The Creation of Cental Park Conservancy

June 18, 2014

blog_centralpark_pic2.jpgToday the Belvedere, the charming castle perched on Vista Rock in the center of the park, looks like this. It is only one of many projects that testify to the rebirth of Central Park. For those who lived in New York City in the 1970s, the transformation of Central Park between 1980 and today is nothing short of a miracle. The first sign of change was the restoration of the Dairy's original architecture and the conversion of the building from a Parks Department storage facility to a visitor center. Concurrently the Sheep Meadow, then a barren dust bowl, was reclaimed as a greensward for passive recreation. Subsequent projects included the restoration of the park’s centerpiece, Bethesda Fountain, and the fountain's surrounding Terrace. Playgrounds and ball fields were restored as well. A vandalized, burnt-out boathouse adjacent to the Harlem Meer was replaced by the Dana Discovery Center, an environmental education facility.

What lessons can be learned from the conservancy’s success?

By originating the concept of public-private partnerships to support parks, the conservancy has become a model for organizations developing and restoring public parks throughout the United States. Today many seek to emulate its success. Here, in brief, are some of the things the conservancy did to make Central Park clean, safe and beautiful after a long period of misuse, management neglect, and underfunding:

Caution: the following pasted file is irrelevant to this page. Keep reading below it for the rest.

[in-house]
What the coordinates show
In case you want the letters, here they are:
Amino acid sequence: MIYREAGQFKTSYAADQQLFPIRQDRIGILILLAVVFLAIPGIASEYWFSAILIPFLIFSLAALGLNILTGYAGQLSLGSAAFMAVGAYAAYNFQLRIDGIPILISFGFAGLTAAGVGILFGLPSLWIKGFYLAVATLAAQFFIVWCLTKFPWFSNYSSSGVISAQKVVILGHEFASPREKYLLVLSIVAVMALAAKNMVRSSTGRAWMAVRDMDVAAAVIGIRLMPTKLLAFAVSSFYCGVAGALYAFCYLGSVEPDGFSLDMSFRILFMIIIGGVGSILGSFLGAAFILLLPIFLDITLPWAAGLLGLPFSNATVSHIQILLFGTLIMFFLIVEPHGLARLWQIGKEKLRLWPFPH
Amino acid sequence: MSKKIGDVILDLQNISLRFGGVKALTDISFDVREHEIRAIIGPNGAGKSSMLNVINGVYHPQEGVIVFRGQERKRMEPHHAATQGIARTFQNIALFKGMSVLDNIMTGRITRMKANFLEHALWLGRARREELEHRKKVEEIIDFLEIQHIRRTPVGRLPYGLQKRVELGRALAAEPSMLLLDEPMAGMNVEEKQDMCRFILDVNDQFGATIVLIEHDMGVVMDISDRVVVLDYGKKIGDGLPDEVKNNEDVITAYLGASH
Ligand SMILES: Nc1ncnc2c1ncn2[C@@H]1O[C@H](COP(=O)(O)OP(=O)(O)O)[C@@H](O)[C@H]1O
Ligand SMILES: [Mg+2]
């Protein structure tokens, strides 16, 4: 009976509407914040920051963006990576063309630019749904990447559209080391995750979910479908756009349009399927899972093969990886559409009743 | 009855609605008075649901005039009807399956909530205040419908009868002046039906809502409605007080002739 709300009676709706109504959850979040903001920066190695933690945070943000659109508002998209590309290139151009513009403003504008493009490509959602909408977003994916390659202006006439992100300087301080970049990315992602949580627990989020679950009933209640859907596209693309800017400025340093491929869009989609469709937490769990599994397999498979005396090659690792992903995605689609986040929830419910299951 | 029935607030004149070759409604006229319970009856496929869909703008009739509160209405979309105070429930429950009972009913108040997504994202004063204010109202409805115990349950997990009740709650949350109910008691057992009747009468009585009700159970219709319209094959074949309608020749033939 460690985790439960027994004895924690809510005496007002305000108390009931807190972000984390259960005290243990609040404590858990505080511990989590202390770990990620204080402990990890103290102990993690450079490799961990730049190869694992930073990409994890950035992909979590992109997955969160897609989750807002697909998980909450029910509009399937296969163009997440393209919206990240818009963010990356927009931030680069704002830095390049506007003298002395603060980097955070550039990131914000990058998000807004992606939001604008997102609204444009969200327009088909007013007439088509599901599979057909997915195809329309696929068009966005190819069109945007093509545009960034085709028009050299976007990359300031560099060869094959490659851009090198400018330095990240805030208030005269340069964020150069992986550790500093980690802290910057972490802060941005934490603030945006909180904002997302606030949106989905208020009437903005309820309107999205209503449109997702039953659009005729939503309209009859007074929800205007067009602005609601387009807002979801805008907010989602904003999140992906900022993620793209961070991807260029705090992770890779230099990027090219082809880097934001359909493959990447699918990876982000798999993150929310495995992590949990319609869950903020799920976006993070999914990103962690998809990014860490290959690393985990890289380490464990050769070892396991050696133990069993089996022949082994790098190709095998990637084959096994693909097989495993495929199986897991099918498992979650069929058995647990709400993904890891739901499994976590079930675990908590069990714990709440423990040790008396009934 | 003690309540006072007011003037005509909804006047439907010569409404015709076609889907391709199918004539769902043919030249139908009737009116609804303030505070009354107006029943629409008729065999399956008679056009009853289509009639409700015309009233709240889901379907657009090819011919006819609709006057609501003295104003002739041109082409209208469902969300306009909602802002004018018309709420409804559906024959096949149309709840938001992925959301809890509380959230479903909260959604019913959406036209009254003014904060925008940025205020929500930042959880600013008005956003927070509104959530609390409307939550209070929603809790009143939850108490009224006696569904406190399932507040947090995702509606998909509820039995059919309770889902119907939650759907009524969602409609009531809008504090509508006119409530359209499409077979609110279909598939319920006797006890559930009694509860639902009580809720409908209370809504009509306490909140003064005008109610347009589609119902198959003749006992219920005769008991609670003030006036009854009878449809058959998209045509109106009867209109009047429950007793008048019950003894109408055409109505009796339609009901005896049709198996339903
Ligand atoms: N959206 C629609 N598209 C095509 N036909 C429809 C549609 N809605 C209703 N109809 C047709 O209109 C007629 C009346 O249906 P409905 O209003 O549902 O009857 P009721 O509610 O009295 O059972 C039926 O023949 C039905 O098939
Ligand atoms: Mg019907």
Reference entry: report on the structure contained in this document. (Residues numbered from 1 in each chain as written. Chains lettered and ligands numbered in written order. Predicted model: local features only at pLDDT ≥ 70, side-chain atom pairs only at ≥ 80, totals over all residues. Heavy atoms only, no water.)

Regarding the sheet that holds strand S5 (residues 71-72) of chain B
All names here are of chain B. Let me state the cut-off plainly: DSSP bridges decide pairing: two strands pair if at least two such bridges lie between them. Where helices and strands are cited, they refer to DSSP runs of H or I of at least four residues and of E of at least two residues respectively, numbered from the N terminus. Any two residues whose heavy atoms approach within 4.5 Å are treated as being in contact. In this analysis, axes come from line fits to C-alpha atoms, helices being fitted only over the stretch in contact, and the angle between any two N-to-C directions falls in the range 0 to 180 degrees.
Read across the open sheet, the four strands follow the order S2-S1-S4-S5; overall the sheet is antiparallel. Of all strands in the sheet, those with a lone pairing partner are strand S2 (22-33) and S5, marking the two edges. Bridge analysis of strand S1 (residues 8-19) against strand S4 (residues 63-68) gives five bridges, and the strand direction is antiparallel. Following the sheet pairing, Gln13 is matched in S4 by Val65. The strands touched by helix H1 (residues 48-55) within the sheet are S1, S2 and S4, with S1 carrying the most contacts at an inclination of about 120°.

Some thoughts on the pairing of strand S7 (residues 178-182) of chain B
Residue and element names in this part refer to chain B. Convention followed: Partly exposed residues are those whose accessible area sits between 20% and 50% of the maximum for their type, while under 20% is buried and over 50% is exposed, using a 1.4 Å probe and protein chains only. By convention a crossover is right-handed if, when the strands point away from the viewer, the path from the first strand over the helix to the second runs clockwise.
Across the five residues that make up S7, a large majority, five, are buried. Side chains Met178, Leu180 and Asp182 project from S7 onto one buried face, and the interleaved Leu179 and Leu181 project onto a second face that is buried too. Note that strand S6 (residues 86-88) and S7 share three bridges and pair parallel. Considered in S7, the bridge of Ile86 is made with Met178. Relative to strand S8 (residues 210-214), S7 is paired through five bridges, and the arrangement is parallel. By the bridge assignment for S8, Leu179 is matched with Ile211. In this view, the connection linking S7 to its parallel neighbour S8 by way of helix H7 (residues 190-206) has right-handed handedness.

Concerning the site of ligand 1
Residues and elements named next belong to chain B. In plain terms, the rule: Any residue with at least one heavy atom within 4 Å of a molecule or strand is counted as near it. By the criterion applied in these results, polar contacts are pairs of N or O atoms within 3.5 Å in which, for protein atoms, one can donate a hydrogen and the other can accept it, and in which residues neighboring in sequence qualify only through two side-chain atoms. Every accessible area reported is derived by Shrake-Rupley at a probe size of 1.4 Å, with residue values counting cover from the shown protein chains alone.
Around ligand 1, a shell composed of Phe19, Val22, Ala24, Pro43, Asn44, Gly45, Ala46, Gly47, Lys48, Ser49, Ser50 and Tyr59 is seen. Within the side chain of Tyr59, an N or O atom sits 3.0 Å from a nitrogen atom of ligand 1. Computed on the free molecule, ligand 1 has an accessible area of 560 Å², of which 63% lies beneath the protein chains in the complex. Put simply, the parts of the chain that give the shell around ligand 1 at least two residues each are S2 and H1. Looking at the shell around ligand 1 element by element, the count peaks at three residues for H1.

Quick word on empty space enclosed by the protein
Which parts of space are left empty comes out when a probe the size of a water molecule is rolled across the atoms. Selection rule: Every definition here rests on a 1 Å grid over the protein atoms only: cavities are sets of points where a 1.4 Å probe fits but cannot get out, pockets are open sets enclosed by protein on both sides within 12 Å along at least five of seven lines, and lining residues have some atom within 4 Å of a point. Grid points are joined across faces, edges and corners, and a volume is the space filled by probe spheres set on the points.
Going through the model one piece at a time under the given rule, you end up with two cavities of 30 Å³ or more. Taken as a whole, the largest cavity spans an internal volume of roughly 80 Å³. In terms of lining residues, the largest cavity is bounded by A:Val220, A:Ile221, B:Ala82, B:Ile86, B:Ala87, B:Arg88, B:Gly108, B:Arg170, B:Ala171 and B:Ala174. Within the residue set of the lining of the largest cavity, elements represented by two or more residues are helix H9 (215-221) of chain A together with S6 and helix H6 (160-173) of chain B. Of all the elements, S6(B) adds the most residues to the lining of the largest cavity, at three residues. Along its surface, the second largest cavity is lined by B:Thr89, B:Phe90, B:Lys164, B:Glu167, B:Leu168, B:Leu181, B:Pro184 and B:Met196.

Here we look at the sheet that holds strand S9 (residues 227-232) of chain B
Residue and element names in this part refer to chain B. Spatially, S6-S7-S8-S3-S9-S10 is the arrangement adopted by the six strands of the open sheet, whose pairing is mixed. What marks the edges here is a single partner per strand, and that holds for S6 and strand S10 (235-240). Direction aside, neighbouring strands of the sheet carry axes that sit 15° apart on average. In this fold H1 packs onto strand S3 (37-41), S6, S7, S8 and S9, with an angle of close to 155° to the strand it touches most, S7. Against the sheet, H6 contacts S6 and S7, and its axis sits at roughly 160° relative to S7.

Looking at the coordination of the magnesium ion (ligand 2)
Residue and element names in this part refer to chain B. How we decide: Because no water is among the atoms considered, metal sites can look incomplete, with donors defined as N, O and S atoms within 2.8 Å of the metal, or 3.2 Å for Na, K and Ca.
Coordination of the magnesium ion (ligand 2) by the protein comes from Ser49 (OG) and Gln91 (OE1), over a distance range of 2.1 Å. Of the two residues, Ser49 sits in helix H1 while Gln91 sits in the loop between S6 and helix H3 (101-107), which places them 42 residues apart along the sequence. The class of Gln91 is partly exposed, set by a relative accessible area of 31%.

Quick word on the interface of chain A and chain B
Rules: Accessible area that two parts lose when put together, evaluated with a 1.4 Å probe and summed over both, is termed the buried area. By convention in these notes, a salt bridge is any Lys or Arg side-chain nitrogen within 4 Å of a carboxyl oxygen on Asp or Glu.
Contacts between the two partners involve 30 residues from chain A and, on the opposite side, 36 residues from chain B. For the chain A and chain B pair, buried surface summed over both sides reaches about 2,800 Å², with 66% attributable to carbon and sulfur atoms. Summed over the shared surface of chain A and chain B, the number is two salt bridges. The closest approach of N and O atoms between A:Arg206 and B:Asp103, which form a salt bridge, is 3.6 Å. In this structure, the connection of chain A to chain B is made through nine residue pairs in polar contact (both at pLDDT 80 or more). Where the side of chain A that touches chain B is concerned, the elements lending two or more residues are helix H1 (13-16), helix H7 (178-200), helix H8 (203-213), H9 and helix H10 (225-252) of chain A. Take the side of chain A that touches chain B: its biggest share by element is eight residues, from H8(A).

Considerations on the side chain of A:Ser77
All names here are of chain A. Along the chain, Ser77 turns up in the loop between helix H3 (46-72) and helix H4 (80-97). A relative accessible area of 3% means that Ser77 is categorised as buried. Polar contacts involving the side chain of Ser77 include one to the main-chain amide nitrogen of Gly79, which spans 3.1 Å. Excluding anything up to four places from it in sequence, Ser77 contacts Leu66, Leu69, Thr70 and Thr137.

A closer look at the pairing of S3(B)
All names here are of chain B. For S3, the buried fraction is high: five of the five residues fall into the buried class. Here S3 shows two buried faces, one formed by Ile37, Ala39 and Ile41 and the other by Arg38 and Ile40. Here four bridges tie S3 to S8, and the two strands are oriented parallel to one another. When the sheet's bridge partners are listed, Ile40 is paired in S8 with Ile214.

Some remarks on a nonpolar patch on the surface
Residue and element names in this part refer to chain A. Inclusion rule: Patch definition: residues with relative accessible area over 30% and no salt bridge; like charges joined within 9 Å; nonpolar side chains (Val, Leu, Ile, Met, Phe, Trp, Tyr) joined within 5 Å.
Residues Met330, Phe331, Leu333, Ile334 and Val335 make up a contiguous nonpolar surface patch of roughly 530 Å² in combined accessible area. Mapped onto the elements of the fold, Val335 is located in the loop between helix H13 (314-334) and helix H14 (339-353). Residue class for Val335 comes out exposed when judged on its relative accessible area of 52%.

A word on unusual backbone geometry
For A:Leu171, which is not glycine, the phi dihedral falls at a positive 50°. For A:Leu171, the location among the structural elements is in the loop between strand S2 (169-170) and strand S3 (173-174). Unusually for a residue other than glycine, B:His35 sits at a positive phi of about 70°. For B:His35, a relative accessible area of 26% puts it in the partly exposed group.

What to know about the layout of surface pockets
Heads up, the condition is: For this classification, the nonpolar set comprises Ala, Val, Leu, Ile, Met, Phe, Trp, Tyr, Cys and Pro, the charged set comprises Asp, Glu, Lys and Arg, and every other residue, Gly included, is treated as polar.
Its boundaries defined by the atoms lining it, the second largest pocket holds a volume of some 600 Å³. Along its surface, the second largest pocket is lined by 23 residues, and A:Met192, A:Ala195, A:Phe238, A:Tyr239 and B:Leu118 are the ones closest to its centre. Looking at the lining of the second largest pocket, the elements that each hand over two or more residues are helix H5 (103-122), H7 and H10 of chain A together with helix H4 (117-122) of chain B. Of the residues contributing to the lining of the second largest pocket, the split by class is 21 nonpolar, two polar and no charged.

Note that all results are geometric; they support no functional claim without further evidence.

• blog_centralpark_pic3.jpgStarted with a comprehensive vision and articulated this vision in a clear, succinct mission statement.
  • Ensured political support of the mission by gaining endorsements and backing from local public officials.
  • Obtained their agreement that government support would not be diminished because of private fundraising efforts.
  • Built up a strong board of philanthropists, civic leaders, legal and accounting professionals, and representatives of constituencies with direct ties to the park.
  • Developed a long-range plan for implementing the mission, which could also serve as a case statement for fundraising.    
  • Prepared a capital budget for long-range and current projects within the holistic context of the management and restoration plan for the entire park.
  • Prepared an annual operating budget for the conservancy’s contribution to the maintenance of the park over and beyond the government’s budget  for salaries of public-service employees and outside contractors. 
  • Remembered that the principal key to success—political, fundraising, and operational—is leadership, which is passionate, visionary, and capable of maintaining employee morale and volunteer enthusiasm.

To view a the video made by a team from the Columbia School of International and Public Affairs about the people responsible for the creation and ongoing administration of the Central Park Conservancy, click here.

To learn more about the Central Park Conservancy, click here.